The idea was, you assume, something like this: crusty old earl encounters hip young DJs, rappers, et cetera, and says amusingly inept things like 'Hey, daddy-o, I'm hip to your scene, what?', or 'Is this Snoop Doggy Dog actually a dog, then?' Yesterday's survey of rap and hip hop nearly hit that note a couple of times when Lord Onslow expressed enthusiasm about something ('I like the sound of this 'break-beat' business. I want to know more'); but he doesn't do it with a great deal of conviction.
The series is all quite tidily made, and the history seems accurate enough. But mostly, it is saying things that have been said before - though possibly not on Radio 3 - and not finding an especially novel way of doing it.
What you could really do with is a melding of Lord Onslow and Jez Nelson, who's now presenting a second series of the science and technology programme One Step Beyond (Radio 4, Thursday). Nelson's approach to popularising his subject is the opposite of Onslow's; he talks young and zippy, introducing an MIT professor as 'Professor Rodney Brookes, aka the Bad Boy of Robotics'.
Again, there's a dislocation between style and subject - it wasn't easy to see what was quite so naughty about Professor Brookes's experiments with small mobile robots that bump into things - but Nelson manages to give a sense that his enthusiasm is genuine, if occasionally misplaced. Here, he was getting all excited about the possibility of robots as organisms.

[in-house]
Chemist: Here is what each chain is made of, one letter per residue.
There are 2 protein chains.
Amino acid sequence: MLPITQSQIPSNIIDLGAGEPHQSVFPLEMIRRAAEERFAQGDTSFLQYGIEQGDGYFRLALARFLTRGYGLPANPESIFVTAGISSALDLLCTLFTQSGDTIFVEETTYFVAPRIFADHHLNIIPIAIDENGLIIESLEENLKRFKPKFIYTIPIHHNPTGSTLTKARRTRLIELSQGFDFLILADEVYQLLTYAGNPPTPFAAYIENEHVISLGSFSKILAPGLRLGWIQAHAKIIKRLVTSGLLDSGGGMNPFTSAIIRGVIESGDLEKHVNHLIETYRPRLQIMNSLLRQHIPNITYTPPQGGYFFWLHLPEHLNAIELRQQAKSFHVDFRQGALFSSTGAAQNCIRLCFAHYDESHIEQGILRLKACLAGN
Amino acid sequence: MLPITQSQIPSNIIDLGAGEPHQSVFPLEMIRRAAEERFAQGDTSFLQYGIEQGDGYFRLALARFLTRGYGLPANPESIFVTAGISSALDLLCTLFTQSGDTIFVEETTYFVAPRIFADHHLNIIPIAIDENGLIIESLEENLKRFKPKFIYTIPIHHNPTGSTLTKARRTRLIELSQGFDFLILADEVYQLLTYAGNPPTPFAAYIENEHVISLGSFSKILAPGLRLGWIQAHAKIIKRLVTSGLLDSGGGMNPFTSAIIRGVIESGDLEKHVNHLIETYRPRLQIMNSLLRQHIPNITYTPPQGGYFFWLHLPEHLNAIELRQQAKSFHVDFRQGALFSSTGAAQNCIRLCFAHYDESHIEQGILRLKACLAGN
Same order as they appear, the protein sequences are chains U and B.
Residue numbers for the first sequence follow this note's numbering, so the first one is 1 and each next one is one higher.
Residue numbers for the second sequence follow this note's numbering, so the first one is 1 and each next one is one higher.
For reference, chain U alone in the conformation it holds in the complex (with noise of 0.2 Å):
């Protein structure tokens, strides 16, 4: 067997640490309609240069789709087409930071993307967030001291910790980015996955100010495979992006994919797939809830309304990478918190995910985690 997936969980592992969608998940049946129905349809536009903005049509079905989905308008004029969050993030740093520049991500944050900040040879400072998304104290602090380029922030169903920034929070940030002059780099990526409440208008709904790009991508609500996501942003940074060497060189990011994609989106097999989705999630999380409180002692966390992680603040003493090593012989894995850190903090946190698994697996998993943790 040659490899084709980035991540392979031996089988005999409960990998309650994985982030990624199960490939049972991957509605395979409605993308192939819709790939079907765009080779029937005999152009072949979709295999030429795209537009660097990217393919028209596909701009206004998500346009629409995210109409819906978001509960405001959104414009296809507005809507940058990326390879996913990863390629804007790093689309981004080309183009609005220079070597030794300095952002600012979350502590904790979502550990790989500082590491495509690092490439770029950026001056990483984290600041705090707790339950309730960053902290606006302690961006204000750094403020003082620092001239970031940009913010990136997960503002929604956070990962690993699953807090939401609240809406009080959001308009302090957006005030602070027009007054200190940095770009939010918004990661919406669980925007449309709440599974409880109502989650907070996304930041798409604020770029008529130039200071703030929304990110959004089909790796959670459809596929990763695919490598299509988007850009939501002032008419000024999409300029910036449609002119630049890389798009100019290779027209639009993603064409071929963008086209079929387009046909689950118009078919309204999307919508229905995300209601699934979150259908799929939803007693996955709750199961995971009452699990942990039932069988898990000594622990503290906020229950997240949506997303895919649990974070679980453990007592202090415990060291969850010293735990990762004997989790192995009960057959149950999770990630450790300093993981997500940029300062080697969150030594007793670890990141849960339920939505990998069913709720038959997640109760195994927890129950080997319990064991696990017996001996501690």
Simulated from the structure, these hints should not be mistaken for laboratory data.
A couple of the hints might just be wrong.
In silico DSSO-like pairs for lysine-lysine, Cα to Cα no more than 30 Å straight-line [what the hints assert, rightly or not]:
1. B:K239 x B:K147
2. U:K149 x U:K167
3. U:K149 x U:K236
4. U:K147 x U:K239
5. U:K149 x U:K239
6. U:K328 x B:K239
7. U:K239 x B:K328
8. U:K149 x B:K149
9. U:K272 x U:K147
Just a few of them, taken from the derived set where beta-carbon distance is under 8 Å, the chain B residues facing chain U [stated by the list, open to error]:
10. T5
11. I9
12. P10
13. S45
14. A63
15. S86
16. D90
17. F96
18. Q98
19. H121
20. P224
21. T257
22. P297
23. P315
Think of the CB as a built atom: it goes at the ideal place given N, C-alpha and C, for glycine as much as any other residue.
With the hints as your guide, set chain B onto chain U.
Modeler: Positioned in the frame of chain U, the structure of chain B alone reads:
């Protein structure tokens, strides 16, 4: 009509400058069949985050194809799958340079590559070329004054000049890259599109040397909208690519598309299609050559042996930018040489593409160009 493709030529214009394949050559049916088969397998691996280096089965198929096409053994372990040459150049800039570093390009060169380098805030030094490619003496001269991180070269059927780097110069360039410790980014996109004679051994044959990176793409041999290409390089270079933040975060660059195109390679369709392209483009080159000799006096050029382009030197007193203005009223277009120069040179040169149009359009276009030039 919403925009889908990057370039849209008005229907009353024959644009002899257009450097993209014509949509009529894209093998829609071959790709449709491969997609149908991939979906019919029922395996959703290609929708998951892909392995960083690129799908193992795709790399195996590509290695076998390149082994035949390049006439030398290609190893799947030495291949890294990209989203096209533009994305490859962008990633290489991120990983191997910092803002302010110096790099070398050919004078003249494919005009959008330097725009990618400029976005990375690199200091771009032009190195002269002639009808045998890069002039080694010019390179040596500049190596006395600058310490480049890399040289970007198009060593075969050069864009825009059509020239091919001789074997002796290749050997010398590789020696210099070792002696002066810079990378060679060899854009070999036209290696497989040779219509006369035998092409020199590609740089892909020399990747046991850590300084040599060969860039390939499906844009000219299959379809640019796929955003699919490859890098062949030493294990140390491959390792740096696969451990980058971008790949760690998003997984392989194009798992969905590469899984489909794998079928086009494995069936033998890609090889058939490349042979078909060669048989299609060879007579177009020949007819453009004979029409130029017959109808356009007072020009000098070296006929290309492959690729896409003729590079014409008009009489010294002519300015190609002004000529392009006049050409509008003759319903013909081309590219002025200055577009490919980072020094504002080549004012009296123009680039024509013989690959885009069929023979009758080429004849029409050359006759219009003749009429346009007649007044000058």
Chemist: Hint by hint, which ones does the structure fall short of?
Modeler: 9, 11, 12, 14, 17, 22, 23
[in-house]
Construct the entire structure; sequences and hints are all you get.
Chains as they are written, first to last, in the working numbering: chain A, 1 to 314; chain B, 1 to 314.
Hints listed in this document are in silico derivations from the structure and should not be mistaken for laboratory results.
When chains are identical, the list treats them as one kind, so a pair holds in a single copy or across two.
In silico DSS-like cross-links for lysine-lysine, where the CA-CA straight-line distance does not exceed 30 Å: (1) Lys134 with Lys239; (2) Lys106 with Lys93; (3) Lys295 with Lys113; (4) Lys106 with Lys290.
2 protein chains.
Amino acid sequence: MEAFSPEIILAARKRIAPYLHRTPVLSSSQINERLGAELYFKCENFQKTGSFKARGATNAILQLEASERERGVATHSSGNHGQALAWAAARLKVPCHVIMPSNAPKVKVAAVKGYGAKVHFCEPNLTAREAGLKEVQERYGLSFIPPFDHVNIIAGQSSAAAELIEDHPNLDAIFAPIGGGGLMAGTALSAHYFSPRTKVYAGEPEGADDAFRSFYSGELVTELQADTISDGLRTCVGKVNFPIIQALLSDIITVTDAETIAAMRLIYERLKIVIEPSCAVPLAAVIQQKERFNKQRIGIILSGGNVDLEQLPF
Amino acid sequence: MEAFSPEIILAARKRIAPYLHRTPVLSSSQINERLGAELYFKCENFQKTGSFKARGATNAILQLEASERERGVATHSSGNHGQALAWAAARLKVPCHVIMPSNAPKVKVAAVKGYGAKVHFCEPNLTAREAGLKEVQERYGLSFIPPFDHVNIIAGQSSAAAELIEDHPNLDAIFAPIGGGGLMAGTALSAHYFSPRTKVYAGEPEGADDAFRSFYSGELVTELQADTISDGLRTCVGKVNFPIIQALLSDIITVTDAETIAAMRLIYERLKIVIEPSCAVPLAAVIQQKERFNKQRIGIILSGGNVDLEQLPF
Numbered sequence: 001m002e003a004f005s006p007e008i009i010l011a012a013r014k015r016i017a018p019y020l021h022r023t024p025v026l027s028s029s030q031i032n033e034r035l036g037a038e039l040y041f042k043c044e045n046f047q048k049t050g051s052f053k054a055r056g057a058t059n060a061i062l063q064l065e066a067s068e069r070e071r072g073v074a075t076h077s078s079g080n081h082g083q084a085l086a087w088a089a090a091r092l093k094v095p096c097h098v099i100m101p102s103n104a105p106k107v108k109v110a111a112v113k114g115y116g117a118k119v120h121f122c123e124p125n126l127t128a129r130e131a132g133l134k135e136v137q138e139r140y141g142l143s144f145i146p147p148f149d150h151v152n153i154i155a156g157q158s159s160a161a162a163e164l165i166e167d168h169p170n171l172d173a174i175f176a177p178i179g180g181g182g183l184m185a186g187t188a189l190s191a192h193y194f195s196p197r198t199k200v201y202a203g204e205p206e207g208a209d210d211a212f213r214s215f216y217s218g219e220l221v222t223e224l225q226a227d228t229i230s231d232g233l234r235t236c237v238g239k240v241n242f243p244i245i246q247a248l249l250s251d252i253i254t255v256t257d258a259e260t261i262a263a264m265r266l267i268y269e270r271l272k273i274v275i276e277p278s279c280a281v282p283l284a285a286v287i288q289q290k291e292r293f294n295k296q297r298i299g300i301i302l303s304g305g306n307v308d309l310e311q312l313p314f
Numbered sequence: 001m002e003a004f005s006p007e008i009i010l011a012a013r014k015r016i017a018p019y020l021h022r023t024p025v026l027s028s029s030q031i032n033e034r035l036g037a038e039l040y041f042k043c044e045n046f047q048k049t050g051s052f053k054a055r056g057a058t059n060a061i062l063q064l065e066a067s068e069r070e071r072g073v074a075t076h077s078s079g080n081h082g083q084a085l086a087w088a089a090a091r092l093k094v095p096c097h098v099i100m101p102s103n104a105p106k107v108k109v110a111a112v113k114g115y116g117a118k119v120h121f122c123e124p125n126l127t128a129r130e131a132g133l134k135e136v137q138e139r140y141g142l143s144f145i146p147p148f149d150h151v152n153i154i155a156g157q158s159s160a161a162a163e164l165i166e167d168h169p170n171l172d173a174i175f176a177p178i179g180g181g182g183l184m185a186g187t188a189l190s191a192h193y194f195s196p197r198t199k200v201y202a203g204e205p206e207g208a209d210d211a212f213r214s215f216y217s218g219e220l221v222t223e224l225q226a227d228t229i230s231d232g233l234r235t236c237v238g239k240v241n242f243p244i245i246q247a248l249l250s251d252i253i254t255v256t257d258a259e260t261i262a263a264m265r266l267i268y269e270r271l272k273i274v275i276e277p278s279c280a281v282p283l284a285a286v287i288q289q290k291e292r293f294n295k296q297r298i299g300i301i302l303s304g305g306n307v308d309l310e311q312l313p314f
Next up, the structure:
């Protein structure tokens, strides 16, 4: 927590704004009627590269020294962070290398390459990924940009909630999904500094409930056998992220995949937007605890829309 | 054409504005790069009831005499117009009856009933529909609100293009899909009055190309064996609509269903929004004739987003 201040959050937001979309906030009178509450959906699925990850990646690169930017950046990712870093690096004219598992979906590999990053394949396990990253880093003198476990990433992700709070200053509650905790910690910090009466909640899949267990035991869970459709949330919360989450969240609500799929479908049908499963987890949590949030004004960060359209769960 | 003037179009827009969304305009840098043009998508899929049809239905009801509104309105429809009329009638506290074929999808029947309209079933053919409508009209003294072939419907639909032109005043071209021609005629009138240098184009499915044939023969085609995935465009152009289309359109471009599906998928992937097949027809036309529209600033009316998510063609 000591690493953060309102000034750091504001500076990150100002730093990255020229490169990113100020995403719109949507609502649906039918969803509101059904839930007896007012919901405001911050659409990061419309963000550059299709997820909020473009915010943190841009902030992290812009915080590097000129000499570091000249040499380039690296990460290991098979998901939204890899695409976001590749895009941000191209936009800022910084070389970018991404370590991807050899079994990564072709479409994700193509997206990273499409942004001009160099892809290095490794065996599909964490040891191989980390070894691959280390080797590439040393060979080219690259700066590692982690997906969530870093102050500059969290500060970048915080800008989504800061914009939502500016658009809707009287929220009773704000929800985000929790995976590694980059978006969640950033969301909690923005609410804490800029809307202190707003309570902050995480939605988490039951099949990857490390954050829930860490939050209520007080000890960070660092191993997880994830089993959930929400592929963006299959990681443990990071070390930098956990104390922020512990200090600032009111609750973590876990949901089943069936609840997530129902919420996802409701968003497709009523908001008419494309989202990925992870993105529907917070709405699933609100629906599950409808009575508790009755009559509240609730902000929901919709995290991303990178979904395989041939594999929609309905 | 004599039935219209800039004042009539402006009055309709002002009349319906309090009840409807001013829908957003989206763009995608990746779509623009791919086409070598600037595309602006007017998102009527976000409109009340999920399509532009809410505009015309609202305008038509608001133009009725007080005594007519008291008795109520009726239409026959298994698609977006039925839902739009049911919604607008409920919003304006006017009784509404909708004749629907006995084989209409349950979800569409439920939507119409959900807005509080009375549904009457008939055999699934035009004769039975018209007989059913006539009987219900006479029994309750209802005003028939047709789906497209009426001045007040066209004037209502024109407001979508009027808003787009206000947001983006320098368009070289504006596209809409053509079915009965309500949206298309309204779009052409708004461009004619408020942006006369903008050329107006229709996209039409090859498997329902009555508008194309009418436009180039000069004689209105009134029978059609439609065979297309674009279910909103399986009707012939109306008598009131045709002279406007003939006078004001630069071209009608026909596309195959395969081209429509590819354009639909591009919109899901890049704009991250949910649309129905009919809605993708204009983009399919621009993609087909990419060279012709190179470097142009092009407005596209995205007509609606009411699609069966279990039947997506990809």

The main lesson, however, wasn't how human they can be, but how human we're prepared to pretend they are, even when they aren't remotely humanoid and have no pretensions to intelligence or consciousness. So rather than 'This machine is switched off', you had Nelson saying 'This little chap is asleep'. When he got to COG, proclaimed as 'the first serious attempt to build an artificial human', he got embarrassed about whether to refer to it as he or she.
All the same, one reason Nelson is likeable is that he keeps his head on his shoulders. One of the scientists interviewed has designed programs to replicate themselves with some variation, so that they evolve as they compete for space on the computer's memory; and he insisted that these were organisms.
Nelson was properly sceptical about this, suggesting that it was really, like his gender problems over COG, a matter of language - scientists may pretend that they're playing God, but they're really playing fast and loose with metaphors. With COG, for instance, we were told that the robot would eventually have the electronic equivalent of hormones - if it sensed danger, it would experience an 'adrenalin' surge in its circuits. Fat lot of good that would do it, though, since COG doesn't have any legs. If this is playing God, God should feel insulted.